Welcome to my PinkLetter. A short, weekly, technology-agnostic, and pink newsletter where we cultivate timeless skills about web development.
How many people test your code before it gets deployed?
My number has been anything between two and four in the last several months. And we don’t have a dedicated tester on the team.
We have never shipped a broken product. I’m proud because we have been iterating aggressively on a legacy codebase.
Sure, there’s luck in the mix. But I attribute most of our success to one simple trick: verification steps. In each ticket, we keep a list of actions that anybody can perform to verify the code works as expected.
Before deploying, I wear the testing hat and test myself according to the steps. Then, depending on the feature’s criticality, I ask one or two people on the team to perform the same check.
This is not a 100% save-ass guarantee—we managed to break a few things on the way. But we never broke the application.
If that wasn’t enough, the list of benefits is waaay longer than that. I talk about that in The Simplest Most Powerful Trick–Verification Steps.
This video introduces Terraform through a practical approach by walking through how a fictional company would use Terraform to manage their DigitalOcean infrastructure.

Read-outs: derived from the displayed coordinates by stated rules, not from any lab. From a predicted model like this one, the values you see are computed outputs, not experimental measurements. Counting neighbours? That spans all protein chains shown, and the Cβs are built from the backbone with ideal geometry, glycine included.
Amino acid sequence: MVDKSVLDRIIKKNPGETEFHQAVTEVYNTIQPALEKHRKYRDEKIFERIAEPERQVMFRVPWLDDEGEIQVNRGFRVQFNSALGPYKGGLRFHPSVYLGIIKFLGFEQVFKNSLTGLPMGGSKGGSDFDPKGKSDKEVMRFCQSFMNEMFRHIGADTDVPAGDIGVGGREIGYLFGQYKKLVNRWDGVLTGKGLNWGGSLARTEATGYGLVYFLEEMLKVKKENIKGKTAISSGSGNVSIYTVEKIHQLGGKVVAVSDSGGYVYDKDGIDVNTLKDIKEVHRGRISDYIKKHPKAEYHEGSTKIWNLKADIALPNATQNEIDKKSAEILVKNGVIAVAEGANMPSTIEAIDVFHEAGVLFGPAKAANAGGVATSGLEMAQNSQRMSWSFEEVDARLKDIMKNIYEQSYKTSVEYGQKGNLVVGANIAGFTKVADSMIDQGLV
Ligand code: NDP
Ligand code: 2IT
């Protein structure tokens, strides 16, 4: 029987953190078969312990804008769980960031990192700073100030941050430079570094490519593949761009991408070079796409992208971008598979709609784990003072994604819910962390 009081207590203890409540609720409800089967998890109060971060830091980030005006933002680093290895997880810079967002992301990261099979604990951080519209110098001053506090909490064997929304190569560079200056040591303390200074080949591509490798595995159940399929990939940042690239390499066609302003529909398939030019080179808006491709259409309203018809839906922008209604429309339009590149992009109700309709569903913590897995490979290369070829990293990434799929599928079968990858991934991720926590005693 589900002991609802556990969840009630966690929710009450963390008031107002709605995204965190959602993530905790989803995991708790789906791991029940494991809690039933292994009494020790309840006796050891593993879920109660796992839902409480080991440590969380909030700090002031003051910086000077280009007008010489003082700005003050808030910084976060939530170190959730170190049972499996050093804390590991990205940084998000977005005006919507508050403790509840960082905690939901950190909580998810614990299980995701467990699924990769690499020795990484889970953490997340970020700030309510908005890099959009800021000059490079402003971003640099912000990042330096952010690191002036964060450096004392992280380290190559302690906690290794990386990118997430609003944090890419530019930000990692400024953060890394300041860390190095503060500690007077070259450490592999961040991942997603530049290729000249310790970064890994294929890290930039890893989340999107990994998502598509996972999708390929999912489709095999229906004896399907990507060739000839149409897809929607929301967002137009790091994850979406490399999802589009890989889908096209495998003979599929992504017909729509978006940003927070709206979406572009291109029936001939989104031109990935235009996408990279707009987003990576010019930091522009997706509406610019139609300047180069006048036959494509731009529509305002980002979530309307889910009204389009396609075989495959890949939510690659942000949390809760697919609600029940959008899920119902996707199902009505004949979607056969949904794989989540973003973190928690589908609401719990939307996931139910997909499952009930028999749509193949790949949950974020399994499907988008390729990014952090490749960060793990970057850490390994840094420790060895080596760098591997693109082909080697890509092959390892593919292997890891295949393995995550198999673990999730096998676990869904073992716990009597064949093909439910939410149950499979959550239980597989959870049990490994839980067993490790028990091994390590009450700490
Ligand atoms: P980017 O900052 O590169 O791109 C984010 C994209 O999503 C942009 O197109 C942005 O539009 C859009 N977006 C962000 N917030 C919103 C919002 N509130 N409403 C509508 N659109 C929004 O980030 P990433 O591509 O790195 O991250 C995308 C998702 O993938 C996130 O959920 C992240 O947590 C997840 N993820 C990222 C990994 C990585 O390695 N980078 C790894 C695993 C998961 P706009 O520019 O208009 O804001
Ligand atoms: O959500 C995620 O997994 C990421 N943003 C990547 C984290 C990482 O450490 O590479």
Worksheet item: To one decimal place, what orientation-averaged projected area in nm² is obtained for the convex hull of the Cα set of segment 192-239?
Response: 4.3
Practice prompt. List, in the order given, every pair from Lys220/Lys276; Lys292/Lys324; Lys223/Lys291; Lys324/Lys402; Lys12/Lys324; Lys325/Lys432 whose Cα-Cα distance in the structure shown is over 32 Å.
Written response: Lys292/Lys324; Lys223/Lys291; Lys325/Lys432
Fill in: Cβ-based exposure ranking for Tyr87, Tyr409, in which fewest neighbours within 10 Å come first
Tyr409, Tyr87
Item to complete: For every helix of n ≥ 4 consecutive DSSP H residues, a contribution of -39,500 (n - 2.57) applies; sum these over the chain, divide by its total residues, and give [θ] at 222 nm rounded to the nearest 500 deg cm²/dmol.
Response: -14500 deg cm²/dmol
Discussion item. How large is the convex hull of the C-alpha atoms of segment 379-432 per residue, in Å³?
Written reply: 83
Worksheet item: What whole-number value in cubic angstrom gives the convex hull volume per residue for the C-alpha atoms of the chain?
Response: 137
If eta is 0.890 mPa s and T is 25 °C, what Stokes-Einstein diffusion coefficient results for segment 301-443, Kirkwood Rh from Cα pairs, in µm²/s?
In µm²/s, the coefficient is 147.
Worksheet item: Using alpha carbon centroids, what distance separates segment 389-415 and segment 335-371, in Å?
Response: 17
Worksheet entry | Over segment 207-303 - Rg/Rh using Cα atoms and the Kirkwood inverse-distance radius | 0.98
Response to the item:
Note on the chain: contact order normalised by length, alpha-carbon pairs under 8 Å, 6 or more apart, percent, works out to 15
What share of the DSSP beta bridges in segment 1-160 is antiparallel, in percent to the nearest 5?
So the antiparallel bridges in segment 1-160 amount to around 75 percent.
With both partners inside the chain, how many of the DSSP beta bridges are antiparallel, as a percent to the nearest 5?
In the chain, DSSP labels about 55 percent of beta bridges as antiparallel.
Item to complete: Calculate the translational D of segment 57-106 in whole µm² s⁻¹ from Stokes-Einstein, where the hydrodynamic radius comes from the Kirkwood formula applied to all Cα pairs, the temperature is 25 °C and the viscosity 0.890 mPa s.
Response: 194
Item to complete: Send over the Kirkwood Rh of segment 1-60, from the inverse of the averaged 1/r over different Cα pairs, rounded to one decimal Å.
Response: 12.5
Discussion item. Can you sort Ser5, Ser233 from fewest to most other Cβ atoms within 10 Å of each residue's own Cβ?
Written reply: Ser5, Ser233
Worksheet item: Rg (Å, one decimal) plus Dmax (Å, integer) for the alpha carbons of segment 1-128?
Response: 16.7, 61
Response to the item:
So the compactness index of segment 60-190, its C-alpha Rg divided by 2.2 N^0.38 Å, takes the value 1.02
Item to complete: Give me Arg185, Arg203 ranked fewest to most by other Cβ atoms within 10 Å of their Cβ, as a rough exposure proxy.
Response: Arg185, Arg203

(Riccardo: If you heard about Terraform several times but never stopped checking it out, this is an excellent intro.)
Explaining Your Postgres Query Performance by Kat Batuigas
In a previous post, I talked about pg_stat_statements as a tool for helping direct your query optimization efforts. Now let’s say you’ve identified some queries you want to look into. The EXPLAIN command helps you look even closer into an individual query. If you’re already proficient in EXPLAIN, great! Read on for an easy refresher. If you’re less familiar with it, this will be a (hopefully) gentle introduction on what insights it might help provide.
(Riccardo: EXPLAIN is a tool to keep sharp in your web development toolbox.)
The TypeScript Handbook is intended to be a comprehensive document that explains TypeScript to everyday programmers. You can read the handbook by going from top to bottom in the left-hand navigation.
(Riccardo: This came out just a few days ago.)